Basic Human Need


Beyond being astounded by the resourcefulness of the Ghanaian people, one is left to wonder about how the happiness of those who live in this country is unaffected by the possessions that they have. When travelling to the village it was obvious to see the happiness of all the children. They were always smiling, laughing, playing, being entertained by small items such as rocks and sticks, as well as mesmerized by photography (courtesy of our abundance of digital cameras among our group). One of the reasons I was so taken aback by this was our Western culture. We are consistently trying to “keep up with the Jones’”, never finding complete satisfaction in our belongings and striving for a need for “new and improved.” I am not implying that either culture is right or wrong, but it makes one question basic human need and what this means when applying it to nursing practice.

Virginia Henderson was an influential nurse who identified fourteen basic human needs to base your nursing care around when applying the nursing process of assessment, diagnosis, planning, implementation and evaluation to patients (Dijkstra, 2012). They are as follows: breathe normally; eat and drink adequately; eliminates body wastes; sleep and rest; move and maintain desirable postures; suitable clothing; maintenance of body temperature; cleanly and well-groomed; avoid environmental dangers; communicates with others in expressing emotion, needs, fears, or opinions; worship according to one’s faith, work in such a way there is a sense of accomplishment; play or participate in recreation and finally learn, discover or satisfy the curiosity that leads to normal development and health (Dikjstra, 2012). The first nine of the fourteen needs are physiological, meaning they are interrelated to the physical health of the human body. The tenth and fourteenth are psychological, pertaining to the mental or emotional state of the patient. The twelfth and thirteenth are sociological, specifically referring to developmental goals of feeling accomplished and the eleventh being related to spirituality.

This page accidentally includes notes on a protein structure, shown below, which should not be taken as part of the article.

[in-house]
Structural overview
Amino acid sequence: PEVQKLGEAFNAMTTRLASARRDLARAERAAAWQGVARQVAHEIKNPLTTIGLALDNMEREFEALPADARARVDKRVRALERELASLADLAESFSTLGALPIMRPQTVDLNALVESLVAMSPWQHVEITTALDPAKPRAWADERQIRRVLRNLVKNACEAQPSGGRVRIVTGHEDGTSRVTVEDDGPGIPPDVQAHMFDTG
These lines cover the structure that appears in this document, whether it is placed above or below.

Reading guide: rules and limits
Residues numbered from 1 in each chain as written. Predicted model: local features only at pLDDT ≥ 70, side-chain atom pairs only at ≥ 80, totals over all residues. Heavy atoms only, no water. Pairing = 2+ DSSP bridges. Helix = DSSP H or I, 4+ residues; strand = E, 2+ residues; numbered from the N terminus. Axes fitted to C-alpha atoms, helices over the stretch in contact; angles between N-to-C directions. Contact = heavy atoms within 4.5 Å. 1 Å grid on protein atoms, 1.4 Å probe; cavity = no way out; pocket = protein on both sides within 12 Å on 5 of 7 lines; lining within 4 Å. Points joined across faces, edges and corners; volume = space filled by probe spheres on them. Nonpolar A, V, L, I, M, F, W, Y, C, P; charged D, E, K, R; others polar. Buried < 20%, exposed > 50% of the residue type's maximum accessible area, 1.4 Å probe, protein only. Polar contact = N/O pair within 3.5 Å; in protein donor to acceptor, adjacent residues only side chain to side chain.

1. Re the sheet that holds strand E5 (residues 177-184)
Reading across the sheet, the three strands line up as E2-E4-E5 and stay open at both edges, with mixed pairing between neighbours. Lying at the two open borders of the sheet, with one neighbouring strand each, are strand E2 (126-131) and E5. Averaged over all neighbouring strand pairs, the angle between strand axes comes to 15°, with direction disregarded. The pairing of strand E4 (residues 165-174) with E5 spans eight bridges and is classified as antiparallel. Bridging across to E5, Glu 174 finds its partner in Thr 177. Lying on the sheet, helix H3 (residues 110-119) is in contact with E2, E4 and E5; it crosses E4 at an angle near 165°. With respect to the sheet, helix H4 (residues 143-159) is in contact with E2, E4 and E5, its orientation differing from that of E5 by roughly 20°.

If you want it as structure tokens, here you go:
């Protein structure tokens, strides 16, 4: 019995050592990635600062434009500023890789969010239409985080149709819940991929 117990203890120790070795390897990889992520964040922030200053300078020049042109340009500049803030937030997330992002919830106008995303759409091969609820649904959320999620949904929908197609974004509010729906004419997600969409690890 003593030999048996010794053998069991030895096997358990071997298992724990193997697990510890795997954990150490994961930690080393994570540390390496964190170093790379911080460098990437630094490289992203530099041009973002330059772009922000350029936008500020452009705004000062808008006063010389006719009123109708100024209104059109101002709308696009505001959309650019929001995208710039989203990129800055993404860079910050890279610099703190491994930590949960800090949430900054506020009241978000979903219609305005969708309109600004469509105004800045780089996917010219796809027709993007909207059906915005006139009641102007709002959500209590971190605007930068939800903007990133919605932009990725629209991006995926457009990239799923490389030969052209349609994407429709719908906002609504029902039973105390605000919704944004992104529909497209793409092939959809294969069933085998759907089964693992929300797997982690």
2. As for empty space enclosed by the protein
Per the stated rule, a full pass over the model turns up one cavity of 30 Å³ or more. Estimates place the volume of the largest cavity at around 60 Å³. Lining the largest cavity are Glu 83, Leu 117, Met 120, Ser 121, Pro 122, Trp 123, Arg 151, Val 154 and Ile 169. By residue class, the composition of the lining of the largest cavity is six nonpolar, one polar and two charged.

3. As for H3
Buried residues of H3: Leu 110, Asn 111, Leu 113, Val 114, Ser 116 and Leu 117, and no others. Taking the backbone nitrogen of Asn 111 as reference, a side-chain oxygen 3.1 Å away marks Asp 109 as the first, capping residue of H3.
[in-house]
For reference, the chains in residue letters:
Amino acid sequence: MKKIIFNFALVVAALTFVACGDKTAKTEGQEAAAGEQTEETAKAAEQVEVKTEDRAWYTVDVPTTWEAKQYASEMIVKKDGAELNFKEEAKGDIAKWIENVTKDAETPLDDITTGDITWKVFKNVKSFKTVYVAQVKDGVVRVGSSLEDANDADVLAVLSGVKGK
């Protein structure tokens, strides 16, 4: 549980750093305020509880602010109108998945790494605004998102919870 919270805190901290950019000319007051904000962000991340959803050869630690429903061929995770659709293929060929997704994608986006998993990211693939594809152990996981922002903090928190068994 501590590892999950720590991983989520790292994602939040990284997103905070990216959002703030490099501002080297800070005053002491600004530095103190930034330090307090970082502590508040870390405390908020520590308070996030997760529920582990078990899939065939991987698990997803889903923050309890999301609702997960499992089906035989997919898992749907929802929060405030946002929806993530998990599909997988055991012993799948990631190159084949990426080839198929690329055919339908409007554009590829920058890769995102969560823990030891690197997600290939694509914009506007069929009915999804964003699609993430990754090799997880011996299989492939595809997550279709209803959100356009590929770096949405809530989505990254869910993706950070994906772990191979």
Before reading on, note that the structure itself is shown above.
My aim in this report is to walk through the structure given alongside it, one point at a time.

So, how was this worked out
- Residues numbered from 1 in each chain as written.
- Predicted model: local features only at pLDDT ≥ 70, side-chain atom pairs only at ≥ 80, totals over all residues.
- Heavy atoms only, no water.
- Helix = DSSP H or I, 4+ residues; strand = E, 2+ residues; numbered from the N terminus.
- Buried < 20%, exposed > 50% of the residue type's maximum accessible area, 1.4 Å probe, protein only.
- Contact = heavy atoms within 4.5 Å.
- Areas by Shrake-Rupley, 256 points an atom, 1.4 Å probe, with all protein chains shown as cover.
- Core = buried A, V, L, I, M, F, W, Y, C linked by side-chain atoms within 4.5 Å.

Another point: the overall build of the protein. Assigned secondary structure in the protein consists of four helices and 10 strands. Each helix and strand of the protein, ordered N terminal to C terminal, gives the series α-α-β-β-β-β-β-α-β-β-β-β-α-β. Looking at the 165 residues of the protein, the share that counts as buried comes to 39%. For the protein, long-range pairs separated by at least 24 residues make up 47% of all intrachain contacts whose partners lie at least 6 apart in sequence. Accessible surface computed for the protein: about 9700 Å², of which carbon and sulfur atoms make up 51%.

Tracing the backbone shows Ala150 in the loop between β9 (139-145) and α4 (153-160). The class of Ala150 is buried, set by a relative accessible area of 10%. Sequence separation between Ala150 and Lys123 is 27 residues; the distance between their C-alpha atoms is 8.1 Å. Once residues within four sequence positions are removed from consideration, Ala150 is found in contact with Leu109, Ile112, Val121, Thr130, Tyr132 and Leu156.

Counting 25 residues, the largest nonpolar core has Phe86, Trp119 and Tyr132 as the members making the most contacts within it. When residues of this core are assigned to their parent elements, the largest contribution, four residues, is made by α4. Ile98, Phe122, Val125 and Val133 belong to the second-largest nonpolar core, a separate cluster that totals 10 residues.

Henderson suggests that each of the fourteen components should be assessed for in the patient according to their ability to perform the component on their own (Kearney, 2001). One’s ability to function independently in the component shows a decreased need for intervention by the nurse (Kearney, 2001). For example; if someone can breathe normally, there is no need for intervention, whereas, if someone is gasping for air, they may need supplemental oxygen applied. Each patient’s care plan should be individualized by the nurse to meet their basic needs (Kearney, 2001). Now what does all this research have to do with my observations in the village?

While being in Ghana, I have often found myself wondering how those around me can be so happy with so little (in comparison with our materialistic culture in the West). I have come to realize in our fast paced life and society, we are often caught missing or skipping out on the small things. We are looking beyond basic human need for happiness and consistently striving to have more. At what point do we find ourselves being content? Henderson completed a thorough theory to which nurses are able to apply basic human need to patients, but how can one move forward yet another step and apply this to everyday life? This is something I will now strive for. I want to enjoy the parts of my life that are sometimes clouded with input from others, from media and from our culture. I am blessed to be able to say that I have always had the freedom to perform each of the fourteen components of basic human need without assistance and for the time being, I will be utterly grateful for this gift in itself.


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